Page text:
Speakers in conversations are even more likely to use alignment when they must work together to complete a shared task or game . For example, conversational partners might complete a shared task quicker or get a higher score in a game if they use alignment when talking together. This shows that alignment is a critical tool for successful communication. But remember, for alignment to work, it is important to listen properly to your conversational partner and not talk over them!
You now know lots about how we use alignment in conversation. You know about three different types of alignment (word choice, pronunciation, and word order), you know that scientists often use picture-description games to study alignment, and you know that humans use alignment to help conversations to be understood better and to successfully complete tasks. This means that you are ready to look out for alignment in everyday conversations!
Here are a few ideas. If you have a friend whose family talks with a different regional accent, pay attention to when your friend is talking to you, compared to talking with their family. Does your friend pronounce some words differently or use different words for the same thing depending on who they are talking to? You could also conduct your own mini alignment experiment. To do this, find an object that can be described using two different words (such as rabbit/bunny or couch/sofa) and have a conversation with your friend about this object using one of the words. Pay attention to whether your friend copies your word choices: if they do, they are showing alignment! What you discover from these experiments, as well as what you have learned from this article, will increase your understanding about how humans communicate with each other.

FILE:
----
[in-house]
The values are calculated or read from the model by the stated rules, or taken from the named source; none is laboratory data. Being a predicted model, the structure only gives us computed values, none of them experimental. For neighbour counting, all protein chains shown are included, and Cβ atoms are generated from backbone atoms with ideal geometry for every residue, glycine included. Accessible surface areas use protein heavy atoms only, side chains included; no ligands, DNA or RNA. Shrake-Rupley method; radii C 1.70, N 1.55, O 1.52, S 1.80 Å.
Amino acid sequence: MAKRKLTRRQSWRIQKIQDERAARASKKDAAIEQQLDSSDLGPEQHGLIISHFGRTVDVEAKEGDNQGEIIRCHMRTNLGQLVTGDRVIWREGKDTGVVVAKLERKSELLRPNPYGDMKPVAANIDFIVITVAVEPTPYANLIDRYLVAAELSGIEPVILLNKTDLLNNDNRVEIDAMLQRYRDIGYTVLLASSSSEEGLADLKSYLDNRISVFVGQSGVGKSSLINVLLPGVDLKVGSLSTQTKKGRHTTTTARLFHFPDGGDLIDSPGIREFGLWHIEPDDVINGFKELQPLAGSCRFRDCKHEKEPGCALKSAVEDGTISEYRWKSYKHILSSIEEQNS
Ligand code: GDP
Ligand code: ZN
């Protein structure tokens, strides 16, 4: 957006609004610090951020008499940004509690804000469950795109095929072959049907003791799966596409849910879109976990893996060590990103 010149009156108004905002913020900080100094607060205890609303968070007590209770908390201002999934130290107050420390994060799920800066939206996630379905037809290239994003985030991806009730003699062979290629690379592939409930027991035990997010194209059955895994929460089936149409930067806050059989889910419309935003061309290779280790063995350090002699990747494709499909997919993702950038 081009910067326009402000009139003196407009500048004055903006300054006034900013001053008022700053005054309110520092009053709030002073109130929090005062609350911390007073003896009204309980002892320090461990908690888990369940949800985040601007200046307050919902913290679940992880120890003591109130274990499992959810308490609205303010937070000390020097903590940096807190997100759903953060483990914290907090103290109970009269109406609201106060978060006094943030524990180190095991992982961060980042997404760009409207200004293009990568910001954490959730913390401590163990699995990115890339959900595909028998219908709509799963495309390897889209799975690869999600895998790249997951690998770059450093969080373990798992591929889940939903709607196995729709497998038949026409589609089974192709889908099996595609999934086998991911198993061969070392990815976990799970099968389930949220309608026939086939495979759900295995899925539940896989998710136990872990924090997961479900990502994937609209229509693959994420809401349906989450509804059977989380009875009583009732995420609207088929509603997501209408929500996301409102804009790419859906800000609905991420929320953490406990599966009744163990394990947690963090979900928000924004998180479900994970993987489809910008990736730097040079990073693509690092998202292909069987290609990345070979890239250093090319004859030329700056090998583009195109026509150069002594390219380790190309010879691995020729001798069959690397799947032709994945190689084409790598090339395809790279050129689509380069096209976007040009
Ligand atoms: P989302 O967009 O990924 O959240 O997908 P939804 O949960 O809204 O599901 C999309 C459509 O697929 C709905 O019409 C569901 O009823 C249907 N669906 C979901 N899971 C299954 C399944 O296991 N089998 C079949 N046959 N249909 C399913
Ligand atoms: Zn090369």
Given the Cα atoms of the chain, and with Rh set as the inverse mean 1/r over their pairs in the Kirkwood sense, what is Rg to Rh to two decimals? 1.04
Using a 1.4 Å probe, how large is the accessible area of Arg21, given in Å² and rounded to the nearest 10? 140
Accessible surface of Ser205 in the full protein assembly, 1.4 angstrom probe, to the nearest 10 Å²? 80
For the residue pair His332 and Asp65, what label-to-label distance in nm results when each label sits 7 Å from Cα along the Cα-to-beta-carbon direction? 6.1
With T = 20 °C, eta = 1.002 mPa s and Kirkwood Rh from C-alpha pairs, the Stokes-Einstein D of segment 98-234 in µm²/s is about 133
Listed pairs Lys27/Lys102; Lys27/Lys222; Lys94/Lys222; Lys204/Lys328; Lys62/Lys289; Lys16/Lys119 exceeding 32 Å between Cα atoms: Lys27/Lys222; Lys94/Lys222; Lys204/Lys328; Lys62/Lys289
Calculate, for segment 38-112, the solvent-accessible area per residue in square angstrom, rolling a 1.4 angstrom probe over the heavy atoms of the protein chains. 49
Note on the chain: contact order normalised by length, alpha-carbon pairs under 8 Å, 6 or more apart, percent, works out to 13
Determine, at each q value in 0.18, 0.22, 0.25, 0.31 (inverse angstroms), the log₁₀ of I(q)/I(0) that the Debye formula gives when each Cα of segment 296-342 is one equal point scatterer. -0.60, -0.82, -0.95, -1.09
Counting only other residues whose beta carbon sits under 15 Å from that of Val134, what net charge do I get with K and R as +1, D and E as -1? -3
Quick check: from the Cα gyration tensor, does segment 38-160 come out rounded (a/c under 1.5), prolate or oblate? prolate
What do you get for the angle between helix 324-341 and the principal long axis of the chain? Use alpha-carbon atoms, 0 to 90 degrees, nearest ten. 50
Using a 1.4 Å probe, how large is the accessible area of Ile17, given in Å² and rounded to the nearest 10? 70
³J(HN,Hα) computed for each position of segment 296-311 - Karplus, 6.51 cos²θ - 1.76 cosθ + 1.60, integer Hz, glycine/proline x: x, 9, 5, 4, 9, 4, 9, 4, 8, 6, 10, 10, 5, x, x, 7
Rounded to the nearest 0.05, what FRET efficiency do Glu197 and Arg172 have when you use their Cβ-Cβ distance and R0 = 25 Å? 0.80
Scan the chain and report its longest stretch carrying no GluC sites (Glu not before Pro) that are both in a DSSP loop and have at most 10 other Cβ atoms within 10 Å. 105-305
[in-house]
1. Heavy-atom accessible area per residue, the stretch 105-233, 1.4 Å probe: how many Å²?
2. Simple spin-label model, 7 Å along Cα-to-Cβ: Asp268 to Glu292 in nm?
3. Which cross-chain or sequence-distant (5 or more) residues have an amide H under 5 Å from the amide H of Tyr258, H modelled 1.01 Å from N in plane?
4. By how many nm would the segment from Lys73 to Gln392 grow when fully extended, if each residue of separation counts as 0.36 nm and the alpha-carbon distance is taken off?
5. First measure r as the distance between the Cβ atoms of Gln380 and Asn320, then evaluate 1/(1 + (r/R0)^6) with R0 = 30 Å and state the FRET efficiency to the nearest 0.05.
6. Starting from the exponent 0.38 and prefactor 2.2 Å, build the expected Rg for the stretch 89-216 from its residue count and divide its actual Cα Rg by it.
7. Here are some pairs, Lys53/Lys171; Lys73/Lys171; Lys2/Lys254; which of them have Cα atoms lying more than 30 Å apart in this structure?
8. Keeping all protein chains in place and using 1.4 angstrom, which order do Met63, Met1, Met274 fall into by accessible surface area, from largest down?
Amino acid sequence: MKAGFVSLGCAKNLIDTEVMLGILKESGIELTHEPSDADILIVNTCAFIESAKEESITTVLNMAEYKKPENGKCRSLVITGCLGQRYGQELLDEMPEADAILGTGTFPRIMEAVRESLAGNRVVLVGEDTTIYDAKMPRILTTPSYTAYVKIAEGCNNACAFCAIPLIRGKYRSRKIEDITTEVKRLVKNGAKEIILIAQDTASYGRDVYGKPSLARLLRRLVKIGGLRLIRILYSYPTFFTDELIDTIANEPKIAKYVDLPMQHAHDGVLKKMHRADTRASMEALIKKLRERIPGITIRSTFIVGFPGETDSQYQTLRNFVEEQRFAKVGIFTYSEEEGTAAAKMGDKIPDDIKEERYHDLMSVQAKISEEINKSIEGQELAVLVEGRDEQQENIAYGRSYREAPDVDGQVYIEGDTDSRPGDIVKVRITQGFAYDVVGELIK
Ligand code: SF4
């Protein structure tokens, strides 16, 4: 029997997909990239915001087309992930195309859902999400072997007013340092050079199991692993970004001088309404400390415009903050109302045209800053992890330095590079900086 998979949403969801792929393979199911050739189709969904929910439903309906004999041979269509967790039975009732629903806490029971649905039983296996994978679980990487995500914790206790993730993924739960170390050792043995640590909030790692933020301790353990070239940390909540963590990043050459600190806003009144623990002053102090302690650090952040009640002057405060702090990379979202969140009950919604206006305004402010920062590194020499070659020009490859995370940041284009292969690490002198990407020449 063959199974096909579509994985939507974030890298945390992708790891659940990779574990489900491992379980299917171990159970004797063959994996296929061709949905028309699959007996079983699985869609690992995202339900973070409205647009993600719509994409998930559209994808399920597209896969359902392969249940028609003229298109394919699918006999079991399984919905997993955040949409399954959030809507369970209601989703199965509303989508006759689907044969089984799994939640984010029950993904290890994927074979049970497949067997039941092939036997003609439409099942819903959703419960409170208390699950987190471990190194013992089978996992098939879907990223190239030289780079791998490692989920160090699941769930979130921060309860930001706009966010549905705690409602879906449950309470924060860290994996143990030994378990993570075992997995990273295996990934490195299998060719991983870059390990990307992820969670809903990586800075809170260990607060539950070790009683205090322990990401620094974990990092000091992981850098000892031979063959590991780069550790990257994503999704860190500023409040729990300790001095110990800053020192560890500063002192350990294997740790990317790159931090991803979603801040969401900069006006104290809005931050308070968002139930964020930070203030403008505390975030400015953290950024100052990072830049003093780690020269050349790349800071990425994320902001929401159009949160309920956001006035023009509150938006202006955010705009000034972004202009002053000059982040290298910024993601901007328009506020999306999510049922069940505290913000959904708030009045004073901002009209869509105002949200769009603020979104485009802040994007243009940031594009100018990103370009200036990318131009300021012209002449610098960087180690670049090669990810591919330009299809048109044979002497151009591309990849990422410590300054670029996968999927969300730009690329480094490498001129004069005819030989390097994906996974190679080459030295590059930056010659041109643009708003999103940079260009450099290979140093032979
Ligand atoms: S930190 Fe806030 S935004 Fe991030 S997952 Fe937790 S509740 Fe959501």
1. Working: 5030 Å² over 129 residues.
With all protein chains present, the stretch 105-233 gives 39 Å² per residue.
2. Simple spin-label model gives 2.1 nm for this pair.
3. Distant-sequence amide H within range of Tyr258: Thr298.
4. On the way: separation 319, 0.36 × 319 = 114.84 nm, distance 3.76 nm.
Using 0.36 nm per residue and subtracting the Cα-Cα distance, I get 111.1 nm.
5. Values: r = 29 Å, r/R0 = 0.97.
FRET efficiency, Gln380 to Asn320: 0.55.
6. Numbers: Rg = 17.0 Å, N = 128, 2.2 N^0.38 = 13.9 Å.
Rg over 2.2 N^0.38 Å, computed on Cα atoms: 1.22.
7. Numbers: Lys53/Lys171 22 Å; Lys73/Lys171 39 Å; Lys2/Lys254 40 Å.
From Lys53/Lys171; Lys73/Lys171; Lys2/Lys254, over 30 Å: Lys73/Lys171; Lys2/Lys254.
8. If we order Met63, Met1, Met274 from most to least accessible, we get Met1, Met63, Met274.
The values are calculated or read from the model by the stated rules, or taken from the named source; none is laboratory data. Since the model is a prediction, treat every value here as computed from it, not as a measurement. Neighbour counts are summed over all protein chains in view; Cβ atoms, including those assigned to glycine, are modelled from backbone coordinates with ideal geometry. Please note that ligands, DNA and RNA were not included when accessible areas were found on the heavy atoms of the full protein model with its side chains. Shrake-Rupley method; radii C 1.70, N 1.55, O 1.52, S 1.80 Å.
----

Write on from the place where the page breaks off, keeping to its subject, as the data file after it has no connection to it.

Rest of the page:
All authors were supported by a Leverhulme Trust Research Project grant (RPG-2017-082).
Conversational Partner: ↑ The person you are talking with when having a conversation, such as your friend, parent, or teacher.
Alignment: ↑ When people in a conversation copy elements of each other’s language to make it easier to understand each other.
Lexical: ↑ Related to the words of a language.
Conflict of Interest
The authors declare that the research was conducted in the absence of any commercial or financial relationships that could be construed as a potential conflict of interest.
We thank Theo Messenger (aged 8) for his very helpful comments on earlier versions of this article. We also thank all the Young Reviewers who helped us improve this article.
 ↑ Pickering, M. J., and Garrod, S. 2004. Toward a mechanistic psychology of dialogue. Behav. Brain Sci. 27, 169–226. doi: 10.1017/s0140525x04000056
 ↑ Branigan, H. P., and Messenger, K. 2016. Consistent and cumulative effects of syntactic experience in children’s sentence production: evidence for error-based implicit learning. Cognition. 157, 250–6. doi: 10.1016/j.cognition.2016.09.004
 ↑ Costa, A., Pickering, M. J., and Sorace, A. 2008. Alignment in second language dialogue. Lang. Cogn. Process. 23, 528–56. doi: 10.1080/01690960801920545
 ↑ Reitter, D., and Moore, J. D. 2014. Alignment and task success in spoken dialogue. J. Mem. Lang. 76, 29–46. doi: 10.1016/j.jml.2014.05.008